The

revisions released Thursday to the

Consumer Price Index did not affect the percent changes that the financial markets eagerly anticipate each month, except in one case.

For example, the

Bureau of Labor Statistics

earlier this month reported that the CPI fell 0.1% in August, and that the core CPI, which excludes food and energy prices, rose 0.2%. Those percent changes were unaffected by Thursday's revisions, as were the percent changes for every other month but June. The BLS originally reported a 0.6% increase in the overall CPI in June. That was revised to 0.5%.

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But the inflation rate, which compares prices to their year-ago levels, was revised higher by 0.1 to 0.2 percentage points at various points over the last eight months.

For example, the BLS originally reported for August an overall inflation rate of 3.4% and a core inflation rate of 2.5%. Thursday's revisions left the overall result unchanged at 3.4%, but it boosted the core result to 2.6%.

The following tables summarize the changes that were reported this morning.

The BLS revised its CPI numbers for January to August after discovering that a software error had resulted in miscalculations.

The error occurred in the process of adjusting rent prices for changes in air-conditioning equipment, the BLS said. The bureau's intention was to subtract from an increased rent price when the increase was due to new or improved air-conditioning equipment, and to add to a decreased rent price when the decrease was due to downgrading or loss of air-conditioning equipment. The error consisted of subtracting the value of the air-conditioning change in both cases. It was corrected by eliminating all adjustments made for changes in air-conditioning status.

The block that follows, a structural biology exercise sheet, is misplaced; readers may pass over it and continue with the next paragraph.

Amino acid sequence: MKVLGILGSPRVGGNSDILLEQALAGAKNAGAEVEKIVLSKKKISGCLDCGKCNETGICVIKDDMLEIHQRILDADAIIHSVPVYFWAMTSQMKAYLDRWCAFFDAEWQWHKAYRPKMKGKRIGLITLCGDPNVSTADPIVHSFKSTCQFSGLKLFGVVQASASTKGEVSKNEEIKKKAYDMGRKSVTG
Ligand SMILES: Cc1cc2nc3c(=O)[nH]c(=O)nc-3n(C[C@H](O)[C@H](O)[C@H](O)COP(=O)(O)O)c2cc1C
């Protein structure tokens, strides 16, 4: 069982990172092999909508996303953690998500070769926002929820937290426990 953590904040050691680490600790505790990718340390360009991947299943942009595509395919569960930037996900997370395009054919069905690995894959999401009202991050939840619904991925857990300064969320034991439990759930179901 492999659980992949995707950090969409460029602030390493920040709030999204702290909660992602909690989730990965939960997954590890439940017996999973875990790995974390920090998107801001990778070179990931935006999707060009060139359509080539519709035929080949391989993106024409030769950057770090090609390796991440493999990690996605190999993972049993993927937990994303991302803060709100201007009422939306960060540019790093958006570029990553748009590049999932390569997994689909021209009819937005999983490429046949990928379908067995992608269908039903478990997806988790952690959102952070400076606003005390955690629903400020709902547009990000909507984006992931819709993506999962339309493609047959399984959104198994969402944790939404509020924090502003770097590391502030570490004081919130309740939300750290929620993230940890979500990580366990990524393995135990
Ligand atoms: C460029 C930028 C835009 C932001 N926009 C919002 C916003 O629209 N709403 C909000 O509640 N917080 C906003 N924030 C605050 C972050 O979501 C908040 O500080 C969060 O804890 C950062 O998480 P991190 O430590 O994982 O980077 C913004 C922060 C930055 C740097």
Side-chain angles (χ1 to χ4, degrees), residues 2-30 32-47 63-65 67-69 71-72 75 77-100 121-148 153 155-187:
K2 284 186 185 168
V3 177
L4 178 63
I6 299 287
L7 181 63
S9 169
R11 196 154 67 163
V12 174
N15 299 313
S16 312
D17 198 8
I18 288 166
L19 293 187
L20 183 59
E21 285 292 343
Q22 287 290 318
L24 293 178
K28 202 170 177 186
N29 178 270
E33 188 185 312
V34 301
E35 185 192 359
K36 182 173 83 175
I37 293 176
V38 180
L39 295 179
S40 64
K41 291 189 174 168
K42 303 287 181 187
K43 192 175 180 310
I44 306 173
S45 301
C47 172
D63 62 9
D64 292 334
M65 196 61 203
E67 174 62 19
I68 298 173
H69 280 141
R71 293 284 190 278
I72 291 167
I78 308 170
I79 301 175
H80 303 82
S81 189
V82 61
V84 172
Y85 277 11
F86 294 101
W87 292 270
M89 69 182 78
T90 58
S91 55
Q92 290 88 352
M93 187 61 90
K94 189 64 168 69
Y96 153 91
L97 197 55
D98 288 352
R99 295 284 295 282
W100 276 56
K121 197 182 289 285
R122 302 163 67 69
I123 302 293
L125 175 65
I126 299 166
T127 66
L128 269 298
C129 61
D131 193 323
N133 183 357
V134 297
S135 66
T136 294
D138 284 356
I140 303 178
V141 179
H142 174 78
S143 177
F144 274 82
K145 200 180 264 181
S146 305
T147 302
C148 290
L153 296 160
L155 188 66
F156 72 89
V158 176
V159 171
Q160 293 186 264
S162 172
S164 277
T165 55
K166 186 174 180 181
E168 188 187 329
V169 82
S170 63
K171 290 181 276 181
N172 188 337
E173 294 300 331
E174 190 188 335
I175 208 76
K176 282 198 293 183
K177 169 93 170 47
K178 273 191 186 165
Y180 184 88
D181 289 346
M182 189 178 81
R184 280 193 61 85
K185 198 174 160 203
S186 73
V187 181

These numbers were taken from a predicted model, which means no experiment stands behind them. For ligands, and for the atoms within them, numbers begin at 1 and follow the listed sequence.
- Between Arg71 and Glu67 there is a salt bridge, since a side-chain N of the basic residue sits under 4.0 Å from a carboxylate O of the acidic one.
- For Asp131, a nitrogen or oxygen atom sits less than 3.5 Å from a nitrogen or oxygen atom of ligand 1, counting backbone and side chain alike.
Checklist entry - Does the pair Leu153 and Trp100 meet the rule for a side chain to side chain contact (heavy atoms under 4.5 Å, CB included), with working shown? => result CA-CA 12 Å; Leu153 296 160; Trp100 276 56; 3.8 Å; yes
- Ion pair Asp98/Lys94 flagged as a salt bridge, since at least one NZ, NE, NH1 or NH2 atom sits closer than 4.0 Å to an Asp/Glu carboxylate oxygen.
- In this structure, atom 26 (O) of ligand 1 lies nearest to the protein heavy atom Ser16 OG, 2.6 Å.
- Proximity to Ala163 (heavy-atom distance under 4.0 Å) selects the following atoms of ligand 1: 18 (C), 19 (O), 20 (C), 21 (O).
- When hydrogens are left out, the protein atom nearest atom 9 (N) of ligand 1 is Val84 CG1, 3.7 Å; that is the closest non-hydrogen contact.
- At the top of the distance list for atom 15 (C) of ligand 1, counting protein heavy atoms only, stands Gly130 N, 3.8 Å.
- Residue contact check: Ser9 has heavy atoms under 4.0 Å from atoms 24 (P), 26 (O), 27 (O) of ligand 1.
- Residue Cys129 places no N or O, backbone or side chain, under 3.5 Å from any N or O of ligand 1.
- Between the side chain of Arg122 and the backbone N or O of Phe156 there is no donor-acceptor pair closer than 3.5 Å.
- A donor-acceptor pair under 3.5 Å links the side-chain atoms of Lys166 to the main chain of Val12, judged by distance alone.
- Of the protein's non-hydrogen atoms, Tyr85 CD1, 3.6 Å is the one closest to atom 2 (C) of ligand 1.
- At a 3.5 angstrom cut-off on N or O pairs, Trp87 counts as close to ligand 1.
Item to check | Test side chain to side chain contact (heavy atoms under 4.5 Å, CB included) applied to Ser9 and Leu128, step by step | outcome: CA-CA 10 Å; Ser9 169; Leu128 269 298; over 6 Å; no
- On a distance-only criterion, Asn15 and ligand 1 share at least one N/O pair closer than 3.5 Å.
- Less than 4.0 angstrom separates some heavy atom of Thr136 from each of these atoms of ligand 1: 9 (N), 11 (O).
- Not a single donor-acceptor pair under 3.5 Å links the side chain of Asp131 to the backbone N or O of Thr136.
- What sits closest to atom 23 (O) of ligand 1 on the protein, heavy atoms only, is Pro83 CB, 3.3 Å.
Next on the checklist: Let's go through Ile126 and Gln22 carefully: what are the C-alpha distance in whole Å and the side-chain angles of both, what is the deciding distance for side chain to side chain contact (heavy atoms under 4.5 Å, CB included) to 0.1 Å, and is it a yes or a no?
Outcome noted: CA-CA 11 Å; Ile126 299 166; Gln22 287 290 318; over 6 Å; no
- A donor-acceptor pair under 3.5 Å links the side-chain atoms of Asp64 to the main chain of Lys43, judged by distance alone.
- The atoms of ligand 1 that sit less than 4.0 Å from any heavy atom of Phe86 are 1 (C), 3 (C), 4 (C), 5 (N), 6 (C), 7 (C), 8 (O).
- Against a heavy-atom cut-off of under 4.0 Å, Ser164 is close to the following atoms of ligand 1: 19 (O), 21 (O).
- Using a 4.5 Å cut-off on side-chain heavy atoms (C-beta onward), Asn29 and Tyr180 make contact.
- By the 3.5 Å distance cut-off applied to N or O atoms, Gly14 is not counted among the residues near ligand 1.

It was not the first time the CPI had been revised, but it was the first time since December 1974 that revisions changed the originally reported values of the overall index, the BLS said.

The agency apologized for the error and pledged to "undertake a rigorous review of this error in order to identify and correct weaknesses in these processes."